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The ACCU passes on review copies of computer books to its members for them to review. The result is a large, high quality collection of book reviews by programmers, for programmers. Currently there are 1918 reviews in the database and more every month.
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Beyond the C++ Standard Library
Bjorn Karlsson
Addison Wesley
Pete Goodliffe
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The Boost libraries have become increasing important for C++ programmers, especially as many of their libraries have been adopted into the "tr1" standard extension and are slated for inclusion in the next revision of the C++ standard.

Karlsson's book acts as as a tutorial and reference to some of the basic Boost libraries. These days Boost is far too large to cover comprehensively in a single volume (indeed, some of the larger Boost libraries have entire books to themselves). So the author picks the most immediately useful and applicable parts of Boost (you can't really call them the "most important" libraries, though). This is clearly a somewhat arbitrary choice, but it has been made well.

The book covers Boost's smart_ptr, conversion, operators, regex, any, variant, tuple, bind, lamda, function and signals libraries. On the whole the discussion is clear and well thought out. The regex coverage is not as clear or deep as in Pete Becker's "The C++ Standard Library Extensions".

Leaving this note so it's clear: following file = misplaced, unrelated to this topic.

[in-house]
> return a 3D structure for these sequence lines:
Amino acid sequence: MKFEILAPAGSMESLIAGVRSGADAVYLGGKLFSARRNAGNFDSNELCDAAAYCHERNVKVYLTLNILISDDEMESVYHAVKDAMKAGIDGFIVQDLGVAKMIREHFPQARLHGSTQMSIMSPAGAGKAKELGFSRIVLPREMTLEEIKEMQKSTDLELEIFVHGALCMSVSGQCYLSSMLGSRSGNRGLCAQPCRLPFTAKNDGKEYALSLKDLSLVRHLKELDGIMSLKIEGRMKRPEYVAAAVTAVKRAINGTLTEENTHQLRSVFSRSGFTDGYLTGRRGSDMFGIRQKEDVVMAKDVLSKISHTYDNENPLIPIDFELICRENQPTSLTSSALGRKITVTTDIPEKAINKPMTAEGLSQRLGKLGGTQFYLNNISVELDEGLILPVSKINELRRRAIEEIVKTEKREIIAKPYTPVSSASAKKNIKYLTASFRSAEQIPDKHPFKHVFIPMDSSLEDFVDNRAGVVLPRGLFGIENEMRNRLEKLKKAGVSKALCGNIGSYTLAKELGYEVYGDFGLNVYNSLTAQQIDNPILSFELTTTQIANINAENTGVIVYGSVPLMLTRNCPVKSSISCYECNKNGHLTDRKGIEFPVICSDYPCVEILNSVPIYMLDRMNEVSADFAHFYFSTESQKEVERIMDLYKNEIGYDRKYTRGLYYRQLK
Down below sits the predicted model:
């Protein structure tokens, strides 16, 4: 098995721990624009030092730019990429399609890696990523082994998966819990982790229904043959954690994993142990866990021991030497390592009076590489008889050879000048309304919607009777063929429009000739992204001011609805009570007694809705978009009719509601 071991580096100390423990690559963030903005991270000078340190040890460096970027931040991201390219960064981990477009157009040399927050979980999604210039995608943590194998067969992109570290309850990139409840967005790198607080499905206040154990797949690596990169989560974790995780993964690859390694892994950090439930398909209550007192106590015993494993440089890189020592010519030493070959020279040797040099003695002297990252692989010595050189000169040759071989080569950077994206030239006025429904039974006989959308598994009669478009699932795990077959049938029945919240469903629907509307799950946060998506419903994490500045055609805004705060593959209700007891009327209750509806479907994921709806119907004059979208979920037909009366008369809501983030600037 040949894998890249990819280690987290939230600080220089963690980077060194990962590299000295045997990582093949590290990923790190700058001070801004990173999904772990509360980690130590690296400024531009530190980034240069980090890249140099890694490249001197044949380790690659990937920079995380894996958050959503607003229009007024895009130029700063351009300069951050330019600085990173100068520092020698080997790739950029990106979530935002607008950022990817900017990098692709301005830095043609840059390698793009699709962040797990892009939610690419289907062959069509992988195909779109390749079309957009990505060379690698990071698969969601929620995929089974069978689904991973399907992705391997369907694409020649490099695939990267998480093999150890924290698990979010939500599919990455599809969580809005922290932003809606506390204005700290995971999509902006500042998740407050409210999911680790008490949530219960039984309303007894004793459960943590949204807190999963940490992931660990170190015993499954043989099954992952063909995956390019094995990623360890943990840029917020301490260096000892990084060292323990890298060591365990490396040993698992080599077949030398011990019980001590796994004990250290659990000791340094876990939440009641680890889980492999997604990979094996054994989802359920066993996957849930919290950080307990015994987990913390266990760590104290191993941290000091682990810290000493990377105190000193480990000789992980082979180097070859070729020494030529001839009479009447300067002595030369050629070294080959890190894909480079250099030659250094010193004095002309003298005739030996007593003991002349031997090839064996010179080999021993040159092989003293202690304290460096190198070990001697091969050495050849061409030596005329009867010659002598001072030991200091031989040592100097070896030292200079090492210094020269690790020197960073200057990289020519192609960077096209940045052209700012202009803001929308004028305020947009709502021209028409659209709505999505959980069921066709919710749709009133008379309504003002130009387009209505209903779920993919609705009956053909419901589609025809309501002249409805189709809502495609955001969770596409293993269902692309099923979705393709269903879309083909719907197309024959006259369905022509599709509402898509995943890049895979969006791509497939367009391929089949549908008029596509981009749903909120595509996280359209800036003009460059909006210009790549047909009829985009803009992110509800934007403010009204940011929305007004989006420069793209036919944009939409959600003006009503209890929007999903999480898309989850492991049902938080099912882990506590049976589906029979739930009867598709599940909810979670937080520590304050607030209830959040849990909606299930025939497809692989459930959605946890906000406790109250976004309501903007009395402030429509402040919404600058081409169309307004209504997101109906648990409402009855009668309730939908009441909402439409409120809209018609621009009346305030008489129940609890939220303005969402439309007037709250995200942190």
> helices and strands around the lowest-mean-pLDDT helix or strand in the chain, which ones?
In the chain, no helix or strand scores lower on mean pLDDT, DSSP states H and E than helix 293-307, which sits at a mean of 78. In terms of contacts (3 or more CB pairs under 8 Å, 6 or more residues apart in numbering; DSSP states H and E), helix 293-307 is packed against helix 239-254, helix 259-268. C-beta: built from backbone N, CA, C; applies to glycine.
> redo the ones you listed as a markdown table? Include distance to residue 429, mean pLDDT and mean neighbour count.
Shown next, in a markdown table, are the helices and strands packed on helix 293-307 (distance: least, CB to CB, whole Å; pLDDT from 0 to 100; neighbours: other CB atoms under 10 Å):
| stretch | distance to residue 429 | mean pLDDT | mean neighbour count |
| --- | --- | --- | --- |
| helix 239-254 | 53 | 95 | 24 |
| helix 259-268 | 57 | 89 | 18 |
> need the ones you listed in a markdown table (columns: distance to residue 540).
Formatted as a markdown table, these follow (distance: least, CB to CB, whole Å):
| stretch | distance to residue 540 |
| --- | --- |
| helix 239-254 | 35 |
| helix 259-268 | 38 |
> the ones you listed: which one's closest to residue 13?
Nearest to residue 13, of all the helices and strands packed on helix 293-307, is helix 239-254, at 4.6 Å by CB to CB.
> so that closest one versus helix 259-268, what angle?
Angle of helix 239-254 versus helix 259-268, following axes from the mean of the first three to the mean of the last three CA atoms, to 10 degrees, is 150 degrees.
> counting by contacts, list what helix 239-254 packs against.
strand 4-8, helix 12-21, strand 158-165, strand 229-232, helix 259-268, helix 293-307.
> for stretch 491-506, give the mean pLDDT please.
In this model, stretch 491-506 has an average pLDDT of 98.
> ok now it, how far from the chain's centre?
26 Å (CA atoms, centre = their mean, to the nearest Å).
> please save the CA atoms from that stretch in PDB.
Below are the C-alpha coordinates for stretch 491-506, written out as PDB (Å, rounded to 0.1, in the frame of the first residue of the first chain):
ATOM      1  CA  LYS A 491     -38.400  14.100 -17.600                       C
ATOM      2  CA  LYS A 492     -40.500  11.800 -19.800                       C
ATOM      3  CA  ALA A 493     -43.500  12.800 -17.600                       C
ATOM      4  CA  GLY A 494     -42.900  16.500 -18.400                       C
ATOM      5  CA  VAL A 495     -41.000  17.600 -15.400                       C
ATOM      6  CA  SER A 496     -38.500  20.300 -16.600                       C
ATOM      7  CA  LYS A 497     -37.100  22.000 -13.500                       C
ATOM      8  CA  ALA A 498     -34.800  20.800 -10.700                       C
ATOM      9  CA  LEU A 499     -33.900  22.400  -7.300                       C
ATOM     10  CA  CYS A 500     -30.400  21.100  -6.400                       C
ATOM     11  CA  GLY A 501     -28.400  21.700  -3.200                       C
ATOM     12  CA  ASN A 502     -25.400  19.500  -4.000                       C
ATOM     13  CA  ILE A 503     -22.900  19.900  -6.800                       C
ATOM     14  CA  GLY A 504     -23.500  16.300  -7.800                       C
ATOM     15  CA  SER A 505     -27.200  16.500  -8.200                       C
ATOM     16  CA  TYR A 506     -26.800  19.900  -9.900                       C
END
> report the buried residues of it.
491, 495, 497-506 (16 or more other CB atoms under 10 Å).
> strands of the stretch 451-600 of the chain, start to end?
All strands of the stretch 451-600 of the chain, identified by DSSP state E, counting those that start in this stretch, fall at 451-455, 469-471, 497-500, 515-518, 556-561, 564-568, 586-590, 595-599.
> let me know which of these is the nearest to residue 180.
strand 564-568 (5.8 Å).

Every so often Karlsson mixes in some interesting side notes or describes an advanced C++ idiom within a chapter's description of a Boost library. It is a shame that more was not made of this. These parts could have been formatted differently, put in sidebars, or separated visually somehow to make them stand out. Overall I find the presentation of the book a little odd and hard to read (and sometimes inconsistently applied).

In a book released in 2006, I'd like to see more mention of what's in tr1. It is mentioned briefly in the preface and noted in passing in library descriptions (and not at all in the index).

It's inevitable that many of the libraries Karlsson has chosen have been incorporated into C++'s tr1 (and pretty soon into an official revision of the standard itself). This book will date as the preferred versions become the standard library implementations, rather than the deprecated Boost versions.

It also seems slightly strange that mention of Boost is relegated to the book's subtitle rather than in it's main title. Nevertheless, this is a useful and important book, and a great introduction to the magic of Boost.